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Thursday, 20 October 1983
Page: 1986

Dr BLEWETT (Minister for Health)(10.11) —I move:

That the amendment be made.

The effect of the amendment moved by the Senate is to deny unemployment benefit to those unionists stood down as a result of industrial action even though they were not directly involved in that action. I move the acceptance of this amendment with reluctance. We had attempted in the amendments to the social security legislation to return to the pre-1979 situation. That would have allowed workers not involved in a strike, but stood down as a result of that industrial action, to be eligible for unemployment benefit; that is, we wished to return to the situation that existed in this country prior to the actions of the previous Government in 1979. However, Opposition members in another place in their infinite wisdom have chosen to deny those innocently caught up in industrial action the right to some Government support. Their actions in amending the legislation in this way will of course primarily hurt single income families, especially those families in which the spouse is not capable of undertaking work for reasons such as disability, pregnancy or illness.

The Government has always argued that what is proposed in this amendment is, in essence, an industrial matter which has no place in the realm of social security legislation. Under the amendment innocent parties caught up in the stand down or suspension provisions of industrial action will not be entitled to unemployment benefit unless they are in fact not a member of the union involved in the strike action. We find that the Opposition's blatant anti-unionism is reflected even in something as sensitive as basic income support. It is a bias that is obviously to the detriment of ordinary Australians. The provision becomes, in effect, a penalty for trade union membership. It is a provision which this Government finds abhorrent; it is a provision which we in the Government believe should have no place in social security legislation. This legislation was designed to allow the Department of Social Security to provide assistance for those who need it. It was designed without the handicap of the philosophical and ideological hang-ups which the Opposition has not injected into the legislation. The amendment will now effectively deny the rights to income support of people who are out of work through no fault or action of their own. We are talking here mostly about people on low incomes, about new migrants who might, in some cases, be laid off in Adelaide because of a dispute in Melbourne and will find themselves, under this amended legislation, without any support or income.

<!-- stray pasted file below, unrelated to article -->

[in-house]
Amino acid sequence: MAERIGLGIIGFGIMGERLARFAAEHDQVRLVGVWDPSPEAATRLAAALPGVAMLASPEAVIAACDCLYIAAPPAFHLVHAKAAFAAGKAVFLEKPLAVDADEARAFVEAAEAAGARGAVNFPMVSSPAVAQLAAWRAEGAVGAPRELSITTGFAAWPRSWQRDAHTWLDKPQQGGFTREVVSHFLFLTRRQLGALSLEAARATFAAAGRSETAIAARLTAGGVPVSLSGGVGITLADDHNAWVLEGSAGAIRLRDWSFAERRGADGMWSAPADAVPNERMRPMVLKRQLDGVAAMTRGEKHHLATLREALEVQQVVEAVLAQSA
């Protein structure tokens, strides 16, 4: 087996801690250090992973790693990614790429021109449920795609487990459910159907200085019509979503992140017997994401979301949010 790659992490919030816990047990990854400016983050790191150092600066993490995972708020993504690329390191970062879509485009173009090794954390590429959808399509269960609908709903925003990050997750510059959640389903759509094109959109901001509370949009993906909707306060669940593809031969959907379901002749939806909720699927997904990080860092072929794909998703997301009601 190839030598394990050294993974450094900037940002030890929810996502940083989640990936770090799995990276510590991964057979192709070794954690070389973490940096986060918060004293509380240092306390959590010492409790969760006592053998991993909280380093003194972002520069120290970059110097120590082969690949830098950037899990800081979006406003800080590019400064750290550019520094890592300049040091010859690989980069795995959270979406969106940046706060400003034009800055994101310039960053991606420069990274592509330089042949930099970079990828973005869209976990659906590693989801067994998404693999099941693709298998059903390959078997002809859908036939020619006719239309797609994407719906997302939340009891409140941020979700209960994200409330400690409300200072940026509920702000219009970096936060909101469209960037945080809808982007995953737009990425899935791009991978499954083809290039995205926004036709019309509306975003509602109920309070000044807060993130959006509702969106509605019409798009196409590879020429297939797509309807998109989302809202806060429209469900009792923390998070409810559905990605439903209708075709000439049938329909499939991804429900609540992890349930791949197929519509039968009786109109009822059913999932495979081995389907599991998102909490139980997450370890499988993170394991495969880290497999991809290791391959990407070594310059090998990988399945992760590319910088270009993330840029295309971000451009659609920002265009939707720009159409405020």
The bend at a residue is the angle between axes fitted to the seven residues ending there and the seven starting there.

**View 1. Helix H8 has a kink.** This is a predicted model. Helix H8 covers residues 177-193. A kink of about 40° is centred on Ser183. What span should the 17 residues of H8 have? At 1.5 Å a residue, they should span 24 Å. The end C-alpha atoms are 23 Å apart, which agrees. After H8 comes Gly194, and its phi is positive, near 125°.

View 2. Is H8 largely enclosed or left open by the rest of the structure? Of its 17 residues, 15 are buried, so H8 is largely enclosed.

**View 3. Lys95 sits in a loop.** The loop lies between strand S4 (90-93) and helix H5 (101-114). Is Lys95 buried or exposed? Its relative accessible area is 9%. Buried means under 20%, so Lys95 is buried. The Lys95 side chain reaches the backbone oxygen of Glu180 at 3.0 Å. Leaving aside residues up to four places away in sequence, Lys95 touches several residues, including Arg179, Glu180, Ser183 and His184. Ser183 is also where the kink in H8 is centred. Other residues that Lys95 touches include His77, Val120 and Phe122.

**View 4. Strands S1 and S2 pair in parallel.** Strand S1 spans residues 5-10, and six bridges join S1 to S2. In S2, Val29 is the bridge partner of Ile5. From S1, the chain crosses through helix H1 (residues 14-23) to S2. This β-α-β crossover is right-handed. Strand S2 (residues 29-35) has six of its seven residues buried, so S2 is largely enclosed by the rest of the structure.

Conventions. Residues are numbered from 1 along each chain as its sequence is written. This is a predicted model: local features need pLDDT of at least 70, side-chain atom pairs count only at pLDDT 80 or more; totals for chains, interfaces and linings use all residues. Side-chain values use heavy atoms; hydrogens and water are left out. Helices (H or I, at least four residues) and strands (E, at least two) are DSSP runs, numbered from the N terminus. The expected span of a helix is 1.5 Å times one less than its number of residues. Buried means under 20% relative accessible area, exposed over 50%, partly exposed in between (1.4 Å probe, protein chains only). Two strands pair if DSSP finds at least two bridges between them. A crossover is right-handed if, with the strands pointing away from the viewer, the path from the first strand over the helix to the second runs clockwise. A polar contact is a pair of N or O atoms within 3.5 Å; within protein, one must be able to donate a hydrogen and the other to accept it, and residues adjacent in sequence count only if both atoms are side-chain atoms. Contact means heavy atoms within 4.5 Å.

I have indicated the Government will accept this amendment, but with great reluctance. The reason we will accept it is that we cannot afford to delay the payment of all the other benefits in that social security legislation. If we were to hold up the legislation by not accepting this amendment we would delay payment of a whole range of important benefits due to come into effect on 1 November. We would delay the increases in the single adult unemployment benefit. We would delay the increases in the single junior unemployment and sickness benefits. We would delay the issue of the 12-weekly health care cards for unemployment and special beneficiaries. We would also hold up the increases in the income limit for health care cards for the unemployed and special beneficiaries, and the additional benefits for the children of pensioners would also be delayed. In addition, pension increases would be held up and the changes to income limits for fringe benefits would also be delayed. The family income supplement and income limit increases would also be caught up in any confrontation with the upper House.

Frankly, the Government does not believe that these people can afford any delay . We believe that we must honour as quickly as we can our commitment to them. We put that before achieving a victory on this point in the Parliament. But this Government will persist in trying to correct at the earliest opportunity what we see as a blatant injustice inserted into this legislation by the Opposition parties in the Senate. We accept the amendment, but with great reluctance.